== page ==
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We have a tile shower shelf that holds water due to a bullnose being placed too far “up” so it doesn’t allow water to drain. It’s basically traps it. The tile on the shelf is level and in good condition, no racks in tile or grout. Is this something I can place a new tile over to bring the shelf height above the bullnose to allow the water to drain or do I have to pull the bullnose and replace it to the proper height? Thanks in advance
 

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Naildriver
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What you propose is doable, but it would help if you posted a picture of what you have so we can see what you see.
 

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Based on what I'm visualizing, perhaps you could use some kind of resin to even out the shelf. But that would only get you to "flat but level." If you need to introduce some drainage slope, perhaps a piece of tempered glass or plastic sheet material, caulked in place with some slope added?
 

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That's a shame that was not thought out better.

Maybe you could scour the bottom tile in the shelf, then install a layer of those button tiles to fill in the base area? Finish with grout. That would keep it consistent. Do you have spare button tiles? Would they be suitable height wise? But they used black grout ... may have a thick black line towards the round bullnose. Would look better with white.

Super cleaning the grout and tile. Pouring 2 part clear epoxy resin is probably the simplest and cleanest, it would at least not trap water any more.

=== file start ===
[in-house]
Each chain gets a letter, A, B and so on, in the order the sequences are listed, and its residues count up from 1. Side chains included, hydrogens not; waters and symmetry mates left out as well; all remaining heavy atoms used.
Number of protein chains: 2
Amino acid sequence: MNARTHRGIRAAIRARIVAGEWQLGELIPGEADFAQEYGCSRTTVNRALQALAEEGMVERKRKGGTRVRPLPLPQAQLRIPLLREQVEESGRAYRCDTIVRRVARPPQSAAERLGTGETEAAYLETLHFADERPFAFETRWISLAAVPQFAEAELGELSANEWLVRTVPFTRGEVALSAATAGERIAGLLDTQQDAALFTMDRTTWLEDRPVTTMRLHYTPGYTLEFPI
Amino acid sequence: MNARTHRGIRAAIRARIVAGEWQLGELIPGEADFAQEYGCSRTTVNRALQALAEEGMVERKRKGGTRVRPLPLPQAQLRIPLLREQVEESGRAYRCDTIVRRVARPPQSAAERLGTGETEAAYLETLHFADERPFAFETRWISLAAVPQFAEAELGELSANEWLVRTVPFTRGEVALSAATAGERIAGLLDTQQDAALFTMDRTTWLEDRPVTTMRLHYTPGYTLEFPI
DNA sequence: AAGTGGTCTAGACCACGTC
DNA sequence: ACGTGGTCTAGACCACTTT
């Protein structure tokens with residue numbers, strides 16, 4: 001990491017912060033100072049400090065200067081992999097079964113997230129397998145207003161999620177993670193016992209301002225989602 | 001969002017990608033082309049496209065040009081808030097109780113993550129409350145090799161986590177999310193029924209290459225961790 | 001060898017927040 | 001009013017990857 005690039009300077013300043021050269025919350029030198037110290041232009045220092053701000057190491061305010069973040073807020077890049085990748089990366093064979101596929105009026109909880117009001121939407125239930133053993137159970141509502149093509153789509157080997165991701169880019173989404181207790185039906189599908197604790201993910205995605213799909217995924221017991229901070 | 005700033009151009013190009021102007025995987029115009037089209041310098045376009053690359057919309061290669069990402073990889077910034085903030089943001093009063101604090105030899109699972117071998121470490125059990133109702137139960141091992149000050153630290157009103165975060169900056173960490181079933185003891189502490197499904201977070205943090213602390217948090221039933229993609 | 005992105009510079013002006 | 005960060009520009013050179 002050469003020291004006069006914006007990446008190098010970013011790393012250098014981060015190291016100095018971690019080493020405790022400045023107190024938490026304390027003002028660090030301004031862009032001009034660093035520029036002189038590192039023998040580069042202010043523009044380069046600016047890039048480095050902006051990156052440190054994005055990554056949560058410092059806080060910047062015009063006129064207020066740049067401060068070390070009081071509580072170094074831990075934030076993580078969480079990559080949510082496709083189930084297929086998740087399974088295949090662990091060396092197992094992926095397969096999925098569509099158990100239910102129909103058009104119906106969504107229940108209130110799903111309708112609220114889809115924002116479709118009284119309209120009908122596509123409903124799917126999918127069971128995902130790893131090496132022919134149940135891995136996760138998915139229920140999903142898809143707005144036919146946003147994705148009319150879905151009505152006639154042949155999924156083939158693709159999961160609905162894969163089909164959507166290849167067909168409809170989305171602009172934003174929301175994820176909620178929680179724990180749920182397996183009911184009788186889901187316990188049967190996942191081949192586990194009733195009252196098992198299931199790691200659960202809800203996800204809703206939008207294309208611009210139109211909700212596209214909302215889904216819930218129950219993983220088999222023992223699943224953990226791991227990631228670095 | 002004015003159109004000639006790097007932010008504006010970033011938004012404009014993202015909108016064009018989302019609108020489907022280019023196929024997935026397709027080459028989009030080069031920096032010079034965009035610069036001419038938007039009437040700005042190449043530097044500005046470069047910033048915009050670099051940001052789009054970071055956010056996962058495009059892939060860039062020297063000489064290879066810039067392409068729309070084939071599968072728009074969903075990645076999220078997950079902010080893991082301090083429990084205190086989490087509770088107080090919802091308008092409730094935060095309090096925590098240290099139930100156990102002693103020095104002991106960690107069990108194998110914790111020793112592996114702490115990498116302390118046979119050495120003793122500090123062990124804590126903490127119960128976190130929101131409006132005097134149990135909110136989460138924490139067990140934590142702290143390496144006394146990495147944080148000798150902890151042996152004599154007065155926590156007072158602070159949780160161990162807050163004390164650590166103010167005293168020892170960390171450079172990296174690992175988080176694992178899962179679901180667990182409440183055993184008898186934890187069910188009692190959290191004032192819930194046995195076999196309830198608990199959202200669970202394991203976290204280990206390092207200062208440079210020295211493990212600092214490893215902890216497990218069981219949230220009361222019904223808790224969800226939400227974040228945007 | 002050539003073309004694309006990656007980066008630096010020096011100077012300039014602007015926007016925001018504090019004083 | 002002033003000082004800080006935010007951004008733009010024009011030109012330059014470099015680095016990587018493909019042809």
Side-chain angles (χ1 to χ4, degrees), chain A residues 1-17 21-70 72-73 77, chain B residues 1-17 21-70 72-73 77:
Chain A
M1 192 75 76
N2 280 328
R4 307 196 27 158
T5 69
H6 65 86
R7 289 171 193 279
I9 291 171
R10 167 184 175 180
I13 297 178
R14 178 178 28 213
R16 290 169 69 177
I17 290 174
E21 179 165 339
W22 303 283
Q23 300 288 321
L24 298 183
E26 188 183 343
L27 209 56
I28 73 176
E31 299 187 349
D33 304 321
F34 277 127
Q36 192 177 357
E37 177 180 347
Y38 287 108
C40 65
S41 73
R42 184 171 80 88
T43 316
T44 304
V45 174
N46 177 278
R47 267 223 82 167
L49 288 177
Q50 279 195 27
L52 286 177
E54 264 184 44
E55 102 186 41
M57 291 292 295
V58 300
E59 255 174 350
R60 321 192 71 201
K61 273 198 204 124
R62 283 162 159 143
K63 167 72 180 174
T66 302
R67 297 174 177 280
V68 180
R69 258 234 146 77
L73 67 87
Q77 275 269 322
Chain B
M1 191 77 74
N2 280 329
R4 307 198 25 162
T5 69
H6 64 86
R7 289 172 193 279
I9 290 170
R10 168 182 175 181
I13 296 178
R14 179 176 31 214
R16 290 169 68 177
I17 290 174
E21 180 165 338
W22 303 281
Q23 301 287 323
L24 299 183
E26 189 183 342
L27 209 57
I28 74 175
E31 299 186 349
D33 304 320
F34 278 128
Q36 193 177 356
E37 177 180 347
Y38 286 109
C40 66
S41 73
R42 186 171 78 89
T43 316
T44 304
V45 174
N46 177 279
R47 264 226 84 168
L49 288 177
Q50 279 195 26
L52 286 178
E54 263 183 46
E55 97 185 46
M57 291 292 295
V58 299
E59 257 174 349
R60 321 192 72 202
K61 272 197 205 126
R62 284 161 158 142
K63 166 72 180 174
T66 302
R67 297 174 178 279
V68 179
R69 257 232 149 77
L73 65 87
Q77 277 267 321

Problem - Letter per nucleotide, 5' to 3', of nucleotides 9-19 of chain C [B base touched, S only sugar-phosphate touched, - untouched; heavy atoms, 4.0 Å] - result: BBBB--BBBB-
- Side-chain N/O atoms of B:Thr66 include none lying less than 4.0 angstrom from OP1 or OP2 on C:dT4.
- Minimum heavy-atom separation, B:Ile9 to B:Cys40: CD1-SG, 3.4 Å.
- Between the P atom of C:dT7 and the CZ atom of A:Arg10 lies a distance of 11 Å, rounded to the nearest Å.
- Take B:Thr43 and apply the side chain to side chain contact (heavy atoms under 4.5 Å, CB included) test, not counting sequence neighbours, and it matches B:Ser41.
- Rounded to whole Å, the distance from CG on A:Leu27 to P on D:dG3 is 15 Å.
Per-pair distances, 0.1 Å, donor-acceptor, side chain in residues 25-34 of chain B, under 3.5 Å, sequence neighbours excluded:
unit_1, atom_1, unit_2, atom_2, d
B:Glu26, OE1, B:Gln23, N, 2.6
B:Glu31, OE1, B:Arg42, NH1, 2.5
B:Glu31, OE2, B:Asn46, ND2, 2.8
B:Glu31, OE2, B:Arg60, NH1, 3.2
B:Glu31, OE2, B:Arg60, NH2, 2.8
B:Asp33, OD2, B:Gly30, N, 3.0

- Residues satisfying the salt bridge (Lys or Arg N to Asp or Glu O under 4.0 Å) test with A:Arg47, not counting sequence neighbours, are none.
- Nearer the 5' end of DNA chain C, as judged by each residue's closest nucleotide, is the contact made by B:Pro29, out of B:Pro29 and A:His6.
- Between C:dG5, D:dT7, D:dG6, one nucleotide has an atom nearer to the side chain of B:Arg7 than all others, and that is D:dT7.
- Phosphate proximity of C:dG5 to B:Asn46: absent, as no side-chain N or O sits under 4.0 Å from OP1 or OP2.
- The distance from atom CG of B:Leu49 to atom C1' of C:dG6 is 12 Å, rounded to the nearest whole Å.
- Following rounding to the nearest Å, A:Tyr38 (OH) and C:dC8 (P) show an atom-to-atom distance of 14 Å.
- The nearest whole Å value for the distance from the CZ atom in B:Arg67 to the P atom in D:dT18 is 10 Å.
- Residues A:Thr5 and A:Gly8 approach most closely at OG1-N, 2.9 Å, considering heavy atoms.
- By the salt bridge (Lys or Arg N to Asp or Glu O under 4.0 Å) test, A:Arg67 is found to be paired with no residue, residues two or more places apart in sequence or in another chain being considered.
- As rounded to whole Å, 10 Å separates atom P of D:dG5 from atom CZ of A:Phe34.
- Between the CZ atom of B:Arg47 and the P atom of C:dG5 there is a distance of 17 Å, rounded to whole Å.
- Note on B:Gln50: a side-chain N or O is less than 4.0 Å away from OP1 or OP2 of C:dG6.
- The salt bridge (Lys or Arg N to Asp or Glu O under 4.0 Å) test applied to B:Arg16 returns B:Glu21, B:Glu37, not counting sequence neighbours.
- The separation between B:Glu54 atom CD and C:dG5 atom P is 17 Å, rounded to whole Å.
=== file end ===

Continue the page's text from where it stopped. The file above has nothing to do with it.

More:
Otherwise, could approach the same with some plexiglass trimmed to fit and clear silicone. Maybe as an experiment. At least with that the rear could be raised up a little bit.

Could the lower round bullnose be removed, to make way for something - white PVC - that gets slipped in above the bottom ...
 

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Naildriver
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Once it is cleaned thoroughly, it appears there is about a tile depth of space behind the bullnose/quarter round. If that is the case and you can find a matching/complimentary tile, cut it to a proper size apply thinset to the old tile with a little more in the back than the front. Place your tile in the thinset and press it more in the front than the back to allow for a slope. Once it has had time to cure, use white grout caulk to seal the new edges. It should provide water flow off the bull nose to prevent pooling.
 

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Oh my gosh, what a nightmare design.

Yes, I would thinset in a slightly sloped tile there. Thinset fully/completely underneath so that there is no air space for any water to collect under your tile.
 
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